Off-grid solar products have been revolutionizing the quality of life in Africa, especially in areas where energy access remains a challenge. According to the Social Impact Metrics from the Global Off-grid Lighting Association (GOGLA), over 76 million people worldwide have benefited from improved energy access from off-grid lighting products.
Consumers are saving over GBP 2.6 billion from savings on lighting and phone charging costs compared to traditional energy sources. The broader societal benefits from better education, health, employment opportunities and environment are multi-fold. Therefore, many African governments, international agencies and private companies see off-grid solar as an opportunity to not only provide quick and affordable energy access, but also to meet broader sustainable development goals.
The most promising off-grid lighting devices are Solar Portable Lights (SPL) and off-grid Solar Home Systems (SHS). They typically consist of one or more photovoltaic modules (PV), components to provide light or charge electric devices and battery storage. Depending on the component quality, these products are used for 3-5 years.
Current waste volumes from this sector are almost negligible, in proportion to the quantity and environmental impact of the total e-waste stream. This report’s estimate of the expected volumes of end-of-life off-grid solar products in the 14 Energy Africa countries includes three case studies in Kenya, Nigeria and Rwanda. The estimates show that off-grid products represent less than 0.5% of the overall e-waste stream. In 2014, an estimated 2,500 t of off-grid solar products were put on the market, and only 800 t were expected in the waste stream, as compared to nearly 850,000 t of Electrical and Electronic Equipment (EEE) put on market, and 460,000 t of Waste EEE (WEEE).
The overall economic impact for off-grid solar products is expected to be in the range of GBP 7.8m to 9.4m in 2017, varying from approximately 0.1 to 2.5% of product price. This estimate considers expected volumes across Africa and the potential collection and recycling costs. Due to rapid sector growth, the estimated volumes are expected to pass 10,000t by 2020. Therefore, the report makes the case for developing the end-of-life (EOL) management of off-grid solar products without delay.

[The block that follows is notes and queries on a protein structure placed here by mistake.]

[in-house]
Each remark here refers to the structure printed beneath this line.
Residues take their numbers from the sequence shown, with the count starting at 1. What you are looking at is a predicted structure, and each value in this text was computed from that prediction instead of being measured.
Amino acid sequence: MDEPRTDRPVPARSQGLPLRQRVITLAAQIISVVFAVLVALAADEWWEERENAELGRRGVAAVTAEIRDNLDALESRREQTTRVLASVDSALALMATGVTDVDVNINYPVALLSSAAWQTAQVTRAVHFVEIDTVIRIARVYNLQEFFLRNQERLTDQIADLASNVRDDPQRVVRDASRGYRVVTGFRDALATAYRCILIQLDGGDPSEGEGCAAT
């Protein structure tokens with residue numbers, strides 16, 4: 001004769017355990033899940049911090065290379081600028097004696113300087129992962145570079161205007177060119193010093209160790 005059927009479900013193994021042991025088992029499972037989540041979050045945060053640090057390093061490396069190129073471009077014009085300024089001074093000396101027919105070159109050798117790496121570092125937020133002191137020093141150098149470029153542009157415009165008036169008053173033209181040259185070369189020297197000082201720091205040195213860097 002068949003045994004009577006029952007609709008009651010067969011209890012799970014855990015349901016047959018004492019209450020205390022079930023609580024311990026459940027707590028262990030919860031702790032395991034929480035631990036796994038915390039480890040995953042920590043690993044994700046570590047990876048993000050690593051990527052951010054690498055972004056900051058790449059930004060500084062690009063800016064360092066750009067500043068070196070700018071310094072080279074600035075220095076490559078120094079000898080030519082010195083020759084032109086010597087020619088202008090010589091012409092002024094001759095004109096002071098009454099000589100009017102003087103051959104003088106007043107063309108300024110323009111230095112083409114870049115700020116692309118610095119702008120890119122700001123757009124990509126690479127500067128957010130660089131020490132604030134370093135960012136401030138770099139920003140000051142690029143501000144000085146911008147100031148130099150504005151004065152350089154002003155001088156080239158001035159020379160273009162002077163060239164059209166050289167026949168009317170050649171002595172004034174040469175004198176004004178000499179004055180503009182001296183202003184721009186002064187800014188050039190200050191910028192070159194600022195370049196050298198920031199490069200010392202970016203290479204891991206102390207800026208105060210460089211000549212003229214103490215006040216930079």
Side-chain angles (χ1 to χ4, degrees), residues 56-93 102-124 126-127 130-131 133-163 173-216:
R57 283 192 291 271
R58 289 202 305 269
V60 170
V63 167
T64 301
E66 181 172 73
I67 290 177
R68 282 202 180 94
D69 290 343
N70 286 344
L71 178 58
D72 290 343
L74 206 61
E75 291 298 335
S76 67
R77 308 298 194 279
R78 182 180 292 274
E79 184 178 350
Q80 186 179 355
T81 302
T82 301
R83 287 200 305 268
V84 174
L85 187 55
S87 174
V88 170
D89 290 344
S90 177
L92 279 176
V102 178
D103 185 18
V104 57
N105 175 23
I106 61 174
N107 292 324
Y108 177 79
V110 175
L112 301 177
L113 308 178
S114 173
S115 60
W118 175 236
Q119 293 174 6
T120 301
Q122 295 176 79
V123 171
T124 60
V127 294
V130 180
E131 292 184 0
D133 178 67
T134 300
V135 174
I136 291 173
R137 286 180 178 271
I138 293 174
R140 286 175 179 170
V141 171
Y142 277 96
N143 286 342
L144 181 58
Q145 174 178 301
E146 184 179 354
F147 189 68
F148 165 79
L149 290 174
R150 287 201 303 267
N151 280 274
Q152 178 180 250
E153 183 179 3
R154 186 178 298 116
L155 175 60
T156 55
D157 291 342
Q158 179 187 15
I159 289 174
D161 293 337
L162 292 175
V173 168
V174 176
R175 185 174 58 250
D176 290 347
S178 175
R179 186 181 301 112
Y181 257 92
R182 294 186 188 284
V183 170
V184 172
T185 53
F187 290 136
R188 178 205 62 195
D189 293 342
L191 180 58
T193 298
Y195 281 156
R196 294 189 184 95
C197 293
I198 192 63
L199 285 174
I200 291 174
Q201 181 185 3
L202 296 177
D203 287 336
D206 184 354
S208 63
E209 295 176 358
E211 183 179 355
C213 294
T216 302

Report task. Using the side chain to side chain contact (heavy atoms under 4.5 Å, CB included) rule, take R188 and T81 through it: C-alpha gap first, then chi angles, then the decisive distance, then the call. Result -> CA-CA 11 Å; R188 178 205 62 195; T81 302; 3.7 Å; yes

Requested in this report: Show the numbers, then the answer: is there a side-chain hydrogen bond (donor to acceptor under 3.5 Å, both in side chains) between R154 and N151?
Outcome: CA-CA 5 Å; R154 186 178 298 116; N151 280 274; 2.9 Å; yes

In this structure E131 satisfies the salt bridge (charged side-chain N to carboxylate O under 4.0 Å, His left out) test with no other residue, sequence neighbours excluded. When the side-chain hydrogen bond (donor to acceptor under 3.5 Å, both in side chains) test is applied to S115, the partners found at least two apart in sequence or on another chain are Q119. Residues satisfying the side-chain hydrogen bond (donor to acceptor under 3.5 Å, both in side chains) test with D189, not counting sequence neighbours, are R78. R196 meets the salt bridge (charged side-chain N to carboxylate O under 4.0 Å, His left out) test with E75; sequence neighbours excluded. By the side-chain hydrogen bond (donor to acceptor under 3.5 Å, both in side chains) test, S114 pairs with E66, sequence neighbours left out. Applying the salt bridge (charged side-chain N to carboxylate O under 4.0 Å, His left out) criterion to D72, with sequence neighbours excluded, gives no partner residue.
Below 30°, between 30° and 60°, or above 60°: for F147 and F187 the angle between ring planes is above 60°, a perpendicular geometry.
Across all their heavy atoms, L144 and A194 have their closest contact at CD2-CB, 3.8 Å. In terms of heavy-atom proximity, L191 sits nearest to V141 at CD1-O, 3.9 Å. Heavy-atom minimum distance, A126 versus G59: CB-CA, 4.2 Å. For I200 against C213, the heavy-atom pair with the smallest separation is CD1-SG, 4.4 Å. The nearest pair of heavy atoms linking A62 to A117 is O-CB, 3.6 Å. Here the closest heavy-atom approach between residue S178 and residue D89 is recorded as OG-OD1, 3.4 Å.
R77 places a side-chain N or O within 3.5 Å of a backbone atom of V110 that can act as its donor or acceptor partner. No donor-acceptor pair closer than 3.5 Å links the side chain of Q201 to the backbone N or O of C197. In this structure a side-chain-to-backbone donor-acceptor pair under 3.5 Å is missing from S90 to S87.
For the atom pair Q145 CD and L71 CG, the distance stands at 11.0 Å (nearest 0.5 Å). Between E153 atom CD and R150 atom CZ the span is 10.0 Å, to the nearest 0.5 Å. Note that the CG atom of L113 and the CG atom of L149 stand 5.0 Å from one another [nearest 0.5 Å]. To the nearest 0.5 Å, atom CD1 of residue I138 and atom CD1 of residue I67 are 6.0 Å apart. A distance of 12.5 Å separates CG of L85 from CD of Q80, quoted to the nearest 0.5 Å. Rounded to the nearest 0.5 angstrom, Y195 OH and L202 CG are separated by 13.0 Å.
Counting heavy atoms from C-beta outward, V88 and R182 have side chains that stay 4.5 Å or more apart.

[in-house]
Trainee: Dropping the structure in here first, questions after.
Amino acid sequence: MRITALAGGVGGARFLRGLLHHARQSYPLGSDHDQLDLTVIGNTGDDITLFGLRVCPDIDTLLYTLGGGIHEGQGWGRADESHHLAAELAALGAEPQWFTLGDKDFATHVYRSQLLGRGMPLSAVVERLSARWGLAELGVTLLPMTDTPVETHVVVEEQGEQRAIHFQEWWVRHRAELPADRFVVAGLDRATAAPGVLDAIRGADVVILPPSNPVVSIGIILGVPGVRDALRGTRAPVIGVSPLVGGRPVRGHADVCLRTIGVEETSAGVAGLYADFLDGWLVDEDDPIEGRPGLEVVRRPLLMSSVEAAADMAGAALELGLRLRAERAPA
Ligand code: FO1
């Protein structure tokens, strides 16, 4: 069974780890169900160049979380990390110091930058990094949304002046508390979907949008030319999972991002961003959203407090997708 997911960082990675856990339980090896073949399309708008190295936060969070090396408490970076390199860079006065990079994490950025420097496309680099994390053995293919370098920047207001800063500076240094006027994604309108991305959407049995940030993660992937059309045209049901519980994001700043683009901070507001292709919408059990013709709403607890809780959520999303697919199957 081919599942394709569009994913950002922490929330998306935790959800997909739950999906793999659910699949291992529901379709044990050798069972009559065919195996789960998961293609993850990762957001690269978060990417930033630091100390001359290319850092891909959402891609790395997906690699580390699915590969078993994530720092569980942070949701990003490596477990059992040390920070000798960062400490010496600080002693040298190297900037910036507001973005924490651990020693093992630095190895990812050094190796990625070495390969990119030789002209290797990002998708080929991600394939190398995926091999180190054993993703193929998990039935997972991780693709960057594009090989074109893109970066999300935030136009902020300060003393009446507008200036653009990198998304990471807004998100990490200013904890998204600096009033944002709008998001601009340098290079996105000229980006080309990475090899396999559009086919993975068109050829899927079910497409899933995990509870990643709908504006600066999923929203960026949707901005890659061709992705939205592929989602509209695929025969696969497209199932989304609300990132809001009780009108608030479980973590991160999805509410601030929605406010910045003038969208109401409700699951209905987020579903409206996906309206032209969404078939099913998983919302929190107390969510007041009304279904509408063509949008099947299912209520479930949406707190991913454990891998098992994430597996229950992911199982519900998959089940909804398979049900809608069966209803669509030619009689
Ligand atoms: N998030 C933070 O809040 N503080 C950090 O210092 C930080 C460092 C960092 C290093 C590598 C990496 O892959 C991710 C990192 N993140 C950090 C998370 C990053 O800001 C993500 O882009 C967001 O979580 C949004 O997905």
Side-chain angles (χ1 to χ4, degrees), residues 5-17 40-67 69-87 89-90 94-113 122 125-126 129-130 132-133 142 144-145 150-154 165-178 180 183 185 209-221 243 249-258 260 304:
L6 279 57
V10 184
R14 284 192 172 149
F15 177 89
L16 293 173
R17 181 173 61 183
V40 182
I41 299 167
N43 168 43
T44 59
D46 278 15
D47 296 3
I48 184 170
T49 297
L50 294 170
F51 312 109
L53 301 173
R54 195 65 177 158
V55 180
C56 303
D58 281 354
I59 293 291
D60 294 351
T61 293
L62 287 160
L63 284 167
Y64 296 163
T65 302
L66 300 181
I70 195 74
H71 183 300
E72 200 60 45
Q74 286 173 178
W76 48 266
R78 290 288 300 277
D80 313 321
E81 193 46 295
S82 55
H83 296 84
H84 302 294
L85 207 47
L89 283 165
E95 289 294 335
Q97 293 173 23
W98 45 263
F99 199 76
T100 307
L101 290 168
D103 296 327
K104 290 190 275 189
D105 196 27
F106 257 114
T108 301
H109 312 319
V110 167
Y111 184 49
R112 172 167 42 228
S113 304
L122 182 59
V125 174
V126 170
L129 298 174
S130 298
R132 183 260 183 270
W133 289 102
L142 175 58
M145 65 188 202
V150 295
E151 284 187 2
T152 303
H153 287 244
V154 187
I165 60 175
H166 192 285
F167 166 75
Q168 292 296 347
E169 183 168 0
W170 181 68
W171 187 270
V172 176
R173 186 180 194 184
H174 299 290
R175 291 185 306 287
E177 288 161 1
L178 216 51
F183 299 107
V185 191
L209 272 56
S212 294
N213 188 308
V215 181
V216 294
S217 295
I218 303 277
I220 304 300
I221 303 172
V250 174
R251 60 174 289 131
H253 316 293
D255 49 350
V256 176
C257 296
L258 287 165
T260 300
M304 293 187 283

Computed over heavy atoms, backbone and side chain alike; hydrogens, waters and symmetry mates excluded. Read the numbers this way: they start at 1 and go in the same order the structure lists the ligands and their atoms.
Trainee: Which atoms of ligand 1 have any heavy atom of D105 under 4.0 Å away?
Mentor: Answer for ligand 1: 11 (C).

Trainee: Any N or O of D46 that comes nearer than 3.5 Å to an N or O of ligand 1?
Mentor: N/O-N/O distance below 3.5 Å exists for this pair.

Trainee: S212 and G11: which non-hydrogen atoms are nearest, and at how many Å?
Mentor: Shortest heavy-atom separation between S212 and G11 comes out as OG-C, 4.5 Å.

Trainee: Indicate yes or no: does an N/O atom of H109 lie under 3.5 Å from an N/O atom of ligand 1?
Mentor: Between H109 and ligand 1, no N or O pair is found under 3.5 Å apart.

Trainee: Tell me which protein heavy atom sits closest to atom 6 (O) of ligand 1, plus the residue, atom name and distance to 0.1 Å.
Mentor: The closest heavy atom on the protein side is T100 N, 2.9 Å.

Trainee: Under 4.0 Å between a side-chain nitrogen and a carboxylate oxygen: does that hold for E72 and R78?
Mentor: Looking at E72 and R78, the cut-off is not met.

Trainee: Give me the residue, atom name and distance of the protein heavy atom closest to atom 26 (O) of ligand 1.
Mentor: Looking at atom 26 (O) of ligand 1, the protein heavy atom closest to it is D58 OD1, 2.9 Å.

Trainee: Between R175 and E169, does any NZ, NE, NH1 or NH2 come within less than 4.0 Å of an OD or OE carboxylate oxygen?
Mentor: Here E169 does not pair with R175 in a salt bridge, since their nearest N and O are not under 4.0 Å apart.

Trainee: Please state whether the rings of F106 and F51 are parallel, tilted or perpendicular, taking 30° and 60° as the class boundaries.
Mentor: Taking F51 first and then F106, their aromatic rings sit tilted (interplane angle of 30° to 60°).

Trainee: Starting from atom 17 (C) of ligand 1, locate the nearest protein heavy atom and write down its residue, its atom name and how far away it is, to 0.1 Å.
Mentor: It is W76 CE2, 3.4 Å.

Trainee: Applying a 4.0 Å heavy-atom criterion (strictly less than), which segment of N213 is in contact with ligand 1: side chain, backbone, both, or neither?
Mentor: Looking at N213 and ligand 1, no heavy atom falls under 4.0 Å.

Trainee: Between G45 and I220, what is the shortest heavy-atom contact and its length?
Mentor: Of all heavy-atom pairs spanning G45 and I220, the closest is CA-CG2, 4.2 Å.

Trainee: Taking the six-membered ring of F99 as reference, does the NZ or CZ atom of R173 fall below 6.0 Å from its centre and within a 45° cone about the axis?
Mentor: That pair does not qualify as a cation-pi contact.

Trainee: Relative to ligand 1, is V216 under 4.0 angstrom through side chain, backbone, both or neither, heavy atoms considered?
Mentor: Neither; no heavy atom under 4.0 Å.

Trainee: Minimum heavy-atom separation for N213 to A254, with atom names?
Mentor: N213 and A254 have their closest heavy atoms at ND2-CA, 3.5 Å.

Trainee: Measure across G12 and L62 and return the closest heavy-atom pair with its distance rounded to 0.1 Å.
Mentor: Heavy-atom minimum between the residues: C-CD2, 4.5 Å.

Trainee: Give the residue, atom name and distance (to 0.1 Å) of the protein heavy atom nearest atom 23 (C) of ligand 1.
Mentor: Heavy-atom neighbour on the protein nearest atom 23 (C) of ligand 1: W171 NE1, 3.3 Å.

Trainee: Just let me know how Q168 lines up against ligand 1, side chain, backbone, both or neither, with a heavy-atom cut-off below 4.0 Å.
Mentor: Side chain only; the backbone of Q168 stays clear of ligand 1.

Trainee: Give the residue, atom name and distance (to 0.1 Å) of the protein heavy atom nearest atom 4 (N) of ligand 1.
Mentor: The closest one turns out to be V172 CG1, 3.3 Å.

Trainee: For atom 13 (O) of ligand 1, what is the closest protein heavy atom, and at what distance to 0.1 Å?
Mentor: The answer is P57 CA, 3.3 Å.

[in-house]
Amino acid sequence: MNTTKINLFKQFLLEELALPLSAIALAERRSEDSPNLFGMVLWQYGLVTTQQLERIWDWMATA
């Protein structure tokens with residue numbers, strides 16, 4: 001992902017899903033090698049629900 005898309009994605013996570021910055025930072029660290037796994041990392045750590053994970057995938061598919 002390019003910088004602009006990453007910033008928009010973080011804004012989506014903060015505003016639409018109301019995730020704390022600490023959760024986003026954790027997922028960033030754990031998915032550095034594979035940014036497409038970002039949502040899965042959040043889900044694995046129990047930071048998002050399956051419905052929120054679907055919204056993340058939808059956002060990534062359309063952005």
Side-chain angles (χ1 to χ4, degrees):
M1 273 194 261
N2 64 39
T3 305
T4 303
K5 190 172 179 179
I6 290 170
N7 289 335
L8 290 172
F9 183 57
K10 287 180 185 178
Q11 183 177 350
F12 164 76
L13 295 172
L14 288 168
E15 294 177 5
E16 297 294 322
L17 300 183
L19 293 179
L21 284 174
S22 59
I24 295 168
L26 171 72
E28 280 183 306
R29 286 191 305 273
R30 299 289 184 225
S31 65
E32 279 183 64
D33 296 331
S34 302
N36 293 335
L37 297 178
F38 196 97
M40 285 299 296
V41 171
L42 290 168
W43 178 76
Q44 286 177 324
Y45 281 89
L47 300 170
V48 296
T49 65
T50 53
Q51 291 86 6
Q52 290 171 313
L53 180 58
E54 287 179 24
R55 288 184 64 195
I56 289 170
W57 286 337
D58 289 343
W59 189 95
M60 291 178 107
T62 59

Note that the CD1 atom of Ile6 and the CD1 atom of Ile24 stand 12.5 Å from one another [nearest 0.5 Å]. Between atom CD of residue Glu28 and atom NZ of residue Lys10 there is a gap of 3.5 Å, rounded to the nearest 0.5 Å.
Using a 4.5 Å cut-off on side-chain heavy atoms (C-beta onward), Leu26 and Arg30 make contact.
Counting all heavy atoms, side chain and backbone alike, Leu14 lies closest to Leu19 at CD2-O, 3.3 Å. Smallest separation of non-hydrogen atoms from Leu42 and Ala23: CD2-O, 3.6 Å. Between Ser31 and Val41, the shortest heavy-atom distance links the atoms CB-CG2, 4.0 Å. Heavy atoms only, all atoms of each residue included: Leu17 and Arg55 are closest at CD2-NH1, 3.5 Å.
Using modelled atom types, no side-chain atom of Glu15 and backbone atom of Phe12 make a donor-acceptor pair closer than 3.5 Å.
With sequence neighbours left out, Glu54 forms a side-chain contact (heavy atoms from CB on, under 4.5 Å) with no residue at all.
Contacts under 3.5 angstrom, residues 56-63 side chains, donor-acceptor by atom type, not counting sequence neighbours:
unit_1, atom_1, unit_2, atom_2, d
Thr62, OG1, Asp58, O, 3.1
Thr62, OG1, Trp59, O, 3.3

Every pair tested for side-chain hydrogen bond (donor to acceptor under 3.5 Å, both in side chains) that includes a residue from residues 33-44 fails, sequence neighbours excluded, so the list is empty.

Approaching the inflexion point of rapid and widespread adoption, pro-actively developing EOL systems is key. Such systems should be efficient, effective, transparent and equitable. Based on the experiences in Africa and globally, the following is proposed:
- Establish targeted pilot-projects in collection and recycling of off-grid PV products, ideally with Pay-As-You-Go (PAYG) suppliers which provide interesting opportunities for return logistics.
- Develop targeted industry position papers as input for more efficient national legislation, which is based on more solid facts and figures.
- Develop awareness raising campaigns specifically designed for sound EOL management for off-grid PV products.
Practical suggestions are also made to support the three core recommendations above:
- Enhance partnerships with related industries to achieve joint solutions,
- Develop practical toolkits for EOL management,
- Create national focal groups, and
- Develop options to overcome barriers in order to ship critical fractions to recyclers in other countries.
This report and compact has been written by Federico Magalini, Deepali Sinha-Khetriwal, David Rochat, Jaco Huismann, Seth Munyambu, Joseph Oliech, Innocent Chidi Nnorom and Olivier Mbera and produced by Evidence on Demand with the assistance of the UK Department for International Development (DFID) contracted through the Climate, Environment, Infrastructure and Livelihoods Professional Evidence and Applied Knowledge Services (CEIL PEAKS) programme, jointly managed by HTSPE Limited and IMC Worldwide Limited.